Thursday, October 22, 2015

Now that's a distraction!

And here's a word from the world’s most distractable woman!
As Victoria Abbott, my daughter and I are asked how The Hammett Hex (book five in the book collector series) is coming along.  Actually it’s coming very well and we are having fun planning Jordan’s book-related trip to San Francisco.  But of course we have to keep at it.  Some days that is a bit harder than others. We all know the common rules: Writing is 90 % perspiration and 10 % inspiration and If you want to write, you have to learn to stay in the chair. We offer this post as Exhibit A for why it’s sometimes REALLY HARD  to stay in that chair. 

In the backyard of our house (circa 1972) we had a number of trees planted by the original owner that didn’t survive this past winter. The good news: there are still lots of trees left.  The bad news: For the second time in two years, we had to call the tree removers.  The distraction news: no way could I stay in my chair when 8 Scots pines (RIP) were removed.   In case you too would like a distraction (why should you be immune?), here are some of the shots that took our breath away from the moment that truck (valued at $450,000!) rolled up. 

 All the very professional employees were arborists or arborists in training.  Who knew that might mean these kind of adventures?  

As the adventure unfolded, the workers were lifted over the house 

and into the trees.


 hooked on the cable,

 rapelled down (using ropes), 

and cut the trees. 

We decided to keep the stumps because they look nice with plants in pots in the summer.


The tree was then lifted over the house (!)  

and then the over wires to the waiting wood chipper.  

Here's the woodchipper truck.

The fun did take a couple of hours.  Writing did not happen. Thinking about plot did not happen either, although as I type this I wonder if there isn’t a possibility down the road. It’s too late for The Hammett Hex, but that kind of equipment would just have to come in handy in a book collector mystery. If you’ve read the last three, you know that “Cherie”, Uncle Kev’s special friend, never met a ladder or a cable she didn’t love.  Who knows what the future holds for her and us?

We did want to share this with you today.  And we always like to know your experiences: any dramatic work taking place? What about tree removal?  Hope you enjoyed our photos!


Dr. Mary Kennedy said...

Very dramatic indeed, MJ!! Tree removal going on at my house today, even as we speak. Nothing as exciting as yours though, just a string of 5 very sad looking arbor vitae lining the patio. They are nearly as tall as the house (!) and very straggly, so I'm no sad to see them go. I think it will open up the view a little.. Usually I hate to cut down trees, but these are past their prime.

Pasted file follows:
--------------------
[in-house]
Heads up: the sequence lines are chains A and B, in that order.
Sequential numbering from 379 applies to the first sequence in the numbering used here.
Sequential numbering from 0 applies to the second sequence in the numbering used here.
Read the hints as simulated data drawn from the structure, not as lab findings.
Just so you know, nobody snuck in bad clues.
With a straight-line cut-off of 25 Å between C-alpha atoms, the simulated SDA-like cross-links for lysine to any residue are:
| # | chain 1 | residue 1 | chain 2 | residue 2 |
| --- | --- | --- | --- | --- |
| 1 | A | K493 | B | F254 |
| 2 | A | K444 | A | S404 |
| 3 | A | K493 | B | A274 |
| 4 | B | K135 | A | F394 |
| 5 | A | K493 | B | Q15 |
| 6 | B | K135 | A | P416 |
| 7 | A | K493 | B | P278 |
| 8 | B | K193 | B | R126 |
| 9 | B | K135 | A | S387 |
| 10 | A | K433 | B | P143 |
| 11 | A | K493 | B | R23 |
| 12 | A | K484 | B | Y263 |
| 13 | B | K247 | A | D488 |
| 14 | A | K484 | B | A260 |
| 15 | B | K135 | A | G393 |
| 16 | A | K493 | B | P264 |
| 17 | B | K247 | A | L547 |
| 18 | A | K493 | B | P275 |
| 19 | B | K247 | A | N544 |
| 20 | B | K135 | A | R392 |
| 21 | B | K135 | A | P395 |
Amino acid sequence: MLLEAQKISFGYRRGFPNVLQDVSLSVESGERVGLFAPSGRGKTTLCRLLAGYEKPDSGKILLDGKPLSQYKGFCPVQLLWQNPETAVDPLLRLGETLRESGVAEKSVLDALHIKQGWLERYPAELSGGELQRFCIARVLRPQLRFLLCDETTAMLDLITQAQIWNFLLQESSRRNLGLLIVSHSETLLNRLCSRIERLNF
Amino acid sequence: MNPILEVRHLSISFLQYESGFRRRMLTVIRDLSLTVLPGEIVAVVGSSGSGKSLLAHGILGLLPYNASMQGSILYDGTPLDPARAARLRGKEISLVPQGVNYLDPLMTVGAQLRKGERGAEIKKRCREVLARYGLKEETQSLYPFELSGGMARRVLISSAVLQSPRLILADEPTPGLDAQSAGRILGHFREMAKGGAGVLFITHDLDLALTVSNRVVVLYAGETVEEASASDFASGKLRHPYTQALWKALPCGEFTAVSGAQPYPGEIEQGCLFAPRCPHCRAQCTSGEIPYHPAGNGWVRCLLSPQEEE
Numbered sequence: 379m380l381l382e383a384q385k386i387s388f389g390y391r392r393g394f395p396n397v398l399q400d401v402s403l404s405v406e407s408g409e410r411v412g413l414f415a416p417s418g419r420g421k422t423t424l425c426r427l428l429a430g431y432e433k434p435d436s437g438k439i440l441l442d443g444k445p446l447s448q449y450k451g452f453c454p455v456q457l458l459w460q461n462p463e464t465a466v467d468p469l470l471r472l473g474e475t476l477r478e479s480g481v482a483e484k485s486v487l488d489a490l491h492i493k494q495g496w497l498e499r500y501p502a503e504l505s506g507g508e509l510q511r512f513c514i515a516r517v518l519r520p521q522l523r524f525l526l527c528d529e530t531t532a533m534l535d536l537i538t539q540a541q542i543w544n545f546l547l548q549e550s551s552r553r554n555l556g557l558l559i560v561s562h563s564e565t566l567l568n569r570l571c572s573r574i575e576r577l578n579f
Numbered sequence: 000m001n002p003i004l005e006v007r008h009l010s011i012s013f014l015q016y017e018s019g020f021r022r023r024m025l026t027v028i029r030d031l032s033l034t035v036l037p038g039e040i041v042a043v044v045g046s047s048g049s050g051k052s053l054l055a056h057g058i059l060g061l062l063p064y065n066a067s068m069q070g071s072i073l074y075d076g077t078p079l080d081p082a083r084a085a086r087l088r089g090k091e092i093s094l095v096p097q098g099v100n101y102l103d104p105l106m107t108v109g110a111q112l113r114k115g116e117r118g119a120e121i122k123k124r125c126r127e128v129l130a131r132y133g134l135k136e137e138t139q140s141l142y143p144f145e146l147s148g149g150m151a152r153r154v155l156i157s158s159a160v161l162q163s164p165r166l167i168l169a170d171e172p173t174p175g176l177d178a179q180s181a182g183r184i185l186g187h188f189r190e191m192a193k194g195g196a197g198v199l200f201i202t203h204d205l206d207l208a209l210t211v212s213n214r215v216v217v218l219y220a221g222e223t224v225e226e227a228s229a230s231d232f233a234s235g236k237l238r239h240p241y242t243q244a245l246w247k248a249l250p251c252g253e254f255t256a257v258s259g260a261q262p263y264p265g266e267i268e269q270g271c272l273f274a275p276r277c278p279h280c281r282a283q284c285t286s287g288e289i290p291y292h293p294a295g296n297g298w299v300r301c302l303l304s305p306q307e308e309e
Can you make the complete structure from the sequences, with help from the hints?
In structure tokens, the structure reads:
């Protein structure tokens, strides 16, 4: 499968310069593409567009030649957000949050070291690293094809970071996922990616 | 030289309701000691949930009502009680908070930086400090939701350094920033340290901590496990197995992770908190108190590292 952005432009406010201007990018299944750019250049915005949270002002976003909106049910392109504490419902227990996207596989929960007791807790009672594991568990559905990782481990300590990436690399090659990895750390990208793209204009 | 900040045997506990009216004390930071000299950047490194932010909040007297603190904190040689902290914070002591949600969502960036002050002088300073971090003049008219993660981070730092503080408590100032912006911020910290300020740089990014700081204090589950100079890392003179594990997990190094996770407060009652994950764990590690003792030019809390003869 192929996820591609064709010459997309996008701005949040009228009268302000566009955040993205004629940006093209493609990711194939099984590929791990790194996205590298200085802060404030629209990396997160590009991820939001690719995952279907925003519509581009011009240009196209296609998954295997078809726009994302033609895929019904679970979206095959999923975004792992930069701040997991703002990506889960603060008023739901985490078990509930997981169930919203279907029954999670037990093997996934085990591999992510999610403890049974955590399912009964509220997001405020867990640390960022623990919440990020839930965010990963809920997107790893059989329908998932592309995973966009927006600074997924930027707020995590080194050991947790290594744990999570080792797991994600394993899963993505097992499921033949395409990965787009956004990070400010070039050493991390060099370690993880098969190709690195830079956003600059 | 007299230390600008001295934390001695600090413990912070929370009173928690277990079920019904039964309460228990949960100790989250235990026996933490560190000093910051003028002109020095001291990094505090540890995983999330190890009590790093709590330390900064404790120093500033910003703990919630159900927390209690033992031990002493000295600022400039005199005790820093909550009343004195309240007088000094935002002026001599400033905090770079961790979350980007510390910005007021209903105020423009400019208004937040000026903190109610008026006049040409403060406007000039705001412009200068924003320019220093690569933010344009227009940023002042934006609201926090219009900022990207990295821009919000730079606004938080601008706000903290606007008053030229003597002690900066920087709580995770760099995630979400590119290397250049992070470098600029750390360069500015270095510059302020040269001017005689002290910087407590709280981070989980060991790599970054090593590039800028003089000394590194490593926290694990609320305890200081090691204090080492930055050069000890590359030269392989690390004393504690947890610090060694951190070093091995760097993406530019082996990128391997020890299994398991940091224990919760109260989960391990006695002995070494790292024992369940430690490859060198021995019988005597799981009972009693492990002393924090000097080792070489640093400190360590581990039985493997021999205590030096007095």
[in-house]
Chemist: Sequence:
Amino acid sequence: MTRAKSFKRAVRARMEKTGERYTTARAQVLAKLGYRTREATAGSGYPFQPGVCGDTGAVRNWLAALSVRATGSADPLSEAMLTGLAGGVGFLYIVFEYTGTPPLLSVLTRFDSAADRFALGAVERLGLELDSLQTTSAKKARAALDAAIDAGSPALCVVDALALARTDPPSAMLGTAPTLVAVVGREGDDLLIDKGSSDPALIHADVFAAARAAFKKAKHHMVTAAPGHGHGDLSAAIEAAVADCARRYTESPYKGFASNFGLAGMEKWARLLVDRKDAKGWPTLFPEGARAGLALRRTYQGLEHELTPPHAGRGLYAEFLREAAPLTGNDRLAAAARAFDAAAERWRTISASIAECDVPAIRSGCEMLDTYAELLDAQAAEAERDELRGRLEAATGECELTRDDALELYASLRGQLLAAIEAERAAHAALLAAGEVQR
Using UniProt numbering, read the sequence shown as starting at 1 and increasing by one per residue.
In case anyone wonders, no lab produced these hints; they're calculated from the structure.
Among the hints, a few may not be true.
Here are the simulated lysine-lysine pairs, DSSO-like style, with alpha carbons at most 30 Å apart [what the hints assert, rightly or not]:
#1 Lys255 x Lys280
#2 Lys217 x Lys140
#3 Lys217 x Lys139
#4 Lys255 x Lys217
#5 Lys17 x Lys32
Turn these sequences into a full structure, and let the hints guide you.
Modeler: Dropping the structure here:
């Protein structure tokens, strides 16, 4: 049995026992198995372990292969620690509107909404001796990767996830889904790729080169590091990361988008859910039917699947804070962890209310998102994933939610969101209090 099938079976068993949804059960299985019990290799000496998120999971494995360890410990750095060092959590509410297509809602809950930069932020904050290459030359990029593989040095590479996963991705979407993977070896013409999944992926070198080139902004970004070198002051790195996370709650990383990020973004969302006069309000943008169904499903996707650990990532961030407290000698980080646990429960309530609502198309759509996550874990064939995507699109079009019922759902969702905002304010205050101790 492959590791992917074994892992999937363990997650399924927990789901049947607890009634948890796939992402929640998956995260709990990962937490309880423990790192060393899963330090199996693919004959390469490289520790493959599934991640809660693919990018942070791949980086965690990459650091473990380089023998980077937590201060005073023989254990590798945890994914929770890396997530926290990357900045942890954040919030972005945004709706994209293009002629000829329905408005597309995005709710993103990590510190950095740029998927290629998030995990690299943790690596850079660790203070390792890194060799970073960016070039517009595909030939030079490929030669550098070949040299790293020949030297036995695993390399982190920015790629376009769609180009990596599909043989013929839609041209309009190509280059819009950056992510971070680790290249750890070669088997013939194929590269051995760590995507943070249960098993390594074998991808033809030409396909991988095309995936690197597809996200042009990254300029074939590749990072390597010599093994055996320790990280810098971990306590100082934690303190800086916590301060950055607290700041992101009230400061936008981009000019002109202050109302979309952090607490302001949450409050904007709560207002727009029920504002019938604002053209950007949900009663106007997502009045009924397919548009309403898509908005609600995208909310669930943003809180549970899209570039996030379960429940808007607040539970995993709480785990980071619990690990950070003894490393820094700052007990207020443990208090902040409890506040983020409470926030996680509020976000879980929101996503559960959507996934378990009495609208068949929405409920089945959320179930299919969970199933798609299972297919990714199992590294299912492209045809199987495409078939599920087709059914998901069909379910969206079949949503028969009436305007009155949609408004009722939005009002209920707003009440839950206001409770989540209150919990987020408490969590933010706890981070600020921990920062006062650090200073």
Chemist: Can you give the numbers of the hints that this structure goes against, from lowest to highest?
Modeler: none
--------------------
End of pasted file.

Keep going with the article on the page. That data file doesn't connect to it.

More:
Jeannie D. said...

We had a micro burst storm and a tree came down and totaled my car, one large branch fell on our roof. Luckily no damage to the house. My husband and son in law took care of all the removal. After that, we started inspecting and removing all the trees that looked like they were done.It is way better to do it now than let them come down willy nilly in snow storms, thunder storms or ice. I can totally understand your "Squirrel!" moment as I call them. If I am sitting at the computer and things are happening outside I can't sit still. I have to watch. Lol!.

Gram said...

We had trees in pieces going over our house two years ago. It really is a breath-holding sight to see.

Mary Jane Maffini said...

You're right, Mary. And the rest of the garden/property improves when deadwood etc is removed. You'll probably have more sun too. XO

Mary Jane Maffini said...

Wow, Jeannie. So sorry about your car, but glad you weren't hurt. Four of our trees endangered our roof, the neighbor's roof and the power line.

Glad I'm not the only one who gets squirrelly!


Mary Jane Maffini said...

Glad to have company in this! Breathtaking and (I hate to admit it) but lots of fun.


Anonymous said...

Several years ago the Home Owners' Assoc. had to take down a number of trees because they were too tall, were diseased, and had shallow root systems (Douglas firs are like that). Was fascinating to watch as the men in harnesses climbed the trees and took chunks off working from the top down. They didn't use any kind of crane, and the chipper was fairly small. Really opened up the amount of light I get even though the ones removed are to my north and east. Cordella